Format

Send to

Choose Destination
See comment in PubMed Commons below
J Vis Exp. 2007;(3):186. doi: 10.3791/186. Epub 2007 Apr 29.

Optimized fibrin gel bead assay for the study of angiogenesis.

Author information

  • 1Department of Molecular Biology and Biochemistry, University of California, Irvine, USA. mnakatsu@uci.edu

Abstract

Angiogenesis is a complex multi-step process, where, in response to angiogenic stimuli, new vessels are created from the existing vasculature. These steps include: degradation of the basement membrane, proliferation and migration (sprouting) of endothelial cells (EC) into the extracellular matrix, alignment of EC into cords, branching, lumen formation, anastomosis, and formation of a new basement membrane. Many in vitro assays have been developed to study this process, but most only mimic certain stages of angiogenesis, and morphologically the vessels within the assays often do not resemble vessels in vivo. Based on earlier work by Nehls and Drenckhahn, we have optimized an in vitro angiogenesis assay that utilizes human umbilical vein EC and fibroblasts. This model recapitulates all of the key early stages of angiogenesis and, importantly, the vessels display patent intercellular lumens surrounded by polarized EC. EC are coated onto cytodex microcarriers and embedded into a fibrin gel. Fibroblasts are layered on top of the gel where they provide necessary soluble factors that promote EC sprouting from the surface of the beads. After several days, numerous vessels are present that can easily be observed under phase-contrast and time-lapse microscopy. This video demonstrates the key steps in setting up these cultures.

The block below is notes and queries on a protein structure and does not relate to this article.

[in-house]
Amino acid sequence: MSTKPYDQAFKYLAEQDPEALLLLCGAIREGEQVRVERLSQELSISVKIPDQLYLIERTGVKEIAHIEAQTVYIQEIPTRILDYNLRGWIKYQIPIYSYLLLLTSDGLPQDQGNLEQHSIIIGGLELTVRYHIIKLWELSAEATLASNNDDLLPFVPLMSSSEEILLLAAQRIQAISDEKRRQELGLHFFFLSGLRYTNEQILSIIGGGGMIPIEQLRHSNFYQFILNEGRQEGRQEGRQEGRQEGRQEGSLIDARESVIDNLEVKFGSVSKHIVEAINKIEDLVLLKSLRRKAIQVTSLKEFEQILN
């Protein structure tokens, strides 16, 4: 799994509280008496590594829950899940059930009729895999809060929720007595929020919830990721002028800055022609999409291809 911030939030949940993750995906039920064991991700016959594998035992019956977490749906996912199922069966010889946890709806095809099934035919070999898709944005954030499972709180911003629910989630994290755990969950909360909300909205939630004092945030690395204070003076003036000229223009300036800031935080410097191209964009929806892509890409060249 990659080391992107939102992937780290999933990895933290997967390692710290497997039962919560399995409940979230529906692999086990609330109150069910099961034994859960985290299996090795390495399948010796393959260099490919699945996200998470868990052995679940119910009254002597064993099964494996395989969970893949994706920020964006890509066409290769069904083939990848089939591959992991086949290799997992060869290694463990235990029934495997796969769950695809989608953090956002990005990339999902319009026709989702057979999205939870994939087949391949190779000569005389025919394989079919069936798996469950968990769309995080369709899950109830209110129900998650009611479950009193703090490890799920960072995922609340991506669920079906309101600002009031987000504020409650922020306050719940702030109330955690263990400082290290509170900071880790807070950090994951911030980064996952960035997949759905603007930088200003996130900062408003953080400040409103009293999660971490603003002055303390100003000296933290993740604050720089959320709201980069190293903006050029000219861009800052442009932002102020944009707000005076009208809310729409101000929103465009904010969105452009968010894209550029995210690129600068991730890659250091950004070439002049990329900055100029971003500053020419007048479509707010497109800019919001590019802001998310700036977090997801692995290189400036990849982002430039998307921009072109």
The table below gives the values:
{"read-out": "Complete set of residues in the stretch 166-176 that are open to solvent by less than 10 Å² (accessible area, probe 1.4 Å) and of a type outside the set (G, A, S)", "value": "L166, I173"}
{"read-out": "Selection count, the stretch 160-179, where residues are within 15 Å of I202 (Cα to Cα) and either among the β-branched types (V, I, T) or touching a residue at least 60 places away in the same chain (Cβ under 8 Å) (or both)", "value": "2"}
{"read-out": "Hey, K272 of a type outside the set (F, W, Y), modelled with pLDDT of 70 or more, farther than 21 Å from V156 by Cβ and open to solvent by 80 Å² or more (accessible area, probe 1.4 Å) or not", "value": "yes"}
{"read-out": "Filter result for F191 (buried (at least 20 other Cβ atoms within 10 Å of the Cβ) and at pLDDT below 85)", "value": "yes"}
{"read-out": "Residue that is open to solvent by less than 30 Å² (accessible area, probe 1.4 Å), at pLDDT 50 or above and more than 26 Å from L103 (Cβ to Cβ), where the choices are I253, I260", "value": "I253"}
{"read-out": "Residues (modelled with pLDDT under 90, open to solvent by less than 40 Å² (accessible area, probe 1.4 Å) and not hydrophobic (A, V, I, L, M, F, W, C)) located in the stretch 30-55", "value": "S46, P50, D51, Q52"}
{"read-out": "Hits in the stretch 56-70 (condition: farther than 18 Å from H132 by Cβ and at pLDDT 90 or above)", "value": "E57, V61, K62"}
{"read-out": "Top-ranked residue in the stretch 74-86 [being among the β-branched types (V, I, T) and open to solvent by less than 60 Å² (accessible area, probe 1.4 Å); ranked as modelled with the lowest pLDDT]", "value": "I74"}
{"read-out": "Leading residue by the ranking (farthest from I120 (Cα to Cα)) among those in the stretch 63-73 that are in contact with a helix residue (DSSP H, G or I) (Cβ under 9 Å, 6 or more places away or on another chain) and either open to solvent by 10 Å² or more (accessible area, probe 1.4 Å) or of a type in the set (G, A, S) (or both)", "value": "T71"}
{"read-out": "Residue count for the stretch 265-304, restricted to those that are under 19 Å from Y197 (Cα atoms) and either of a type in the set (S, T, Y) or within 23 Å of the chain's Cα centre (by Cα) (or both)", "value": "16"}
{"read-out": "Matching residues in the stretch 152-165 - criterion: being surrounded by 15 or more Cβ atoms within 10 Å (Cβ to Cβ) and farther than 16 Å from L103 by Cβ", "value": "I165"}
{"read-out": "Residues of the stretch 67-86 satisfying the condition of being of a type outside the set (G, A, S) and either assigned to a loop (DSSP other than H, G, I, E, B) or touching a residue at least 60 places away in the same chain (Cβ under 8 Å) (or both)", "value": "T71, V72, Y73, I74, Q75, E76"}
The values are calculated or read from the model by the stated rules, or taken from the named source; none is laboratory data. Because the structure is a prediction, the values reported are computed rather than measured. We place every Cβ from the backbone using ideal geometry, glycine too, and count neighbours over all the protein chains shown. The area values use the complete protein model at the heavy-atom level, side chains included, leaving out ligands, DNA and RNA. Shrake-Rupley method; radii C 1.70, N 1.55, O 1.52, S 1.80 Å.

PMID:
18978935
PMCID:
PMC2570172
DOI:
10.3791/186
[PubMed - indexed for MEDLINE]
Free PMC Article
PubMed Commons home

PubMed Commons

0 comments
How to join PubMed Commons

    Supplemental Content

    Full text links

    Icon for MyJove Corporation Icon for PubMed Central
    Loading ...
    Support Center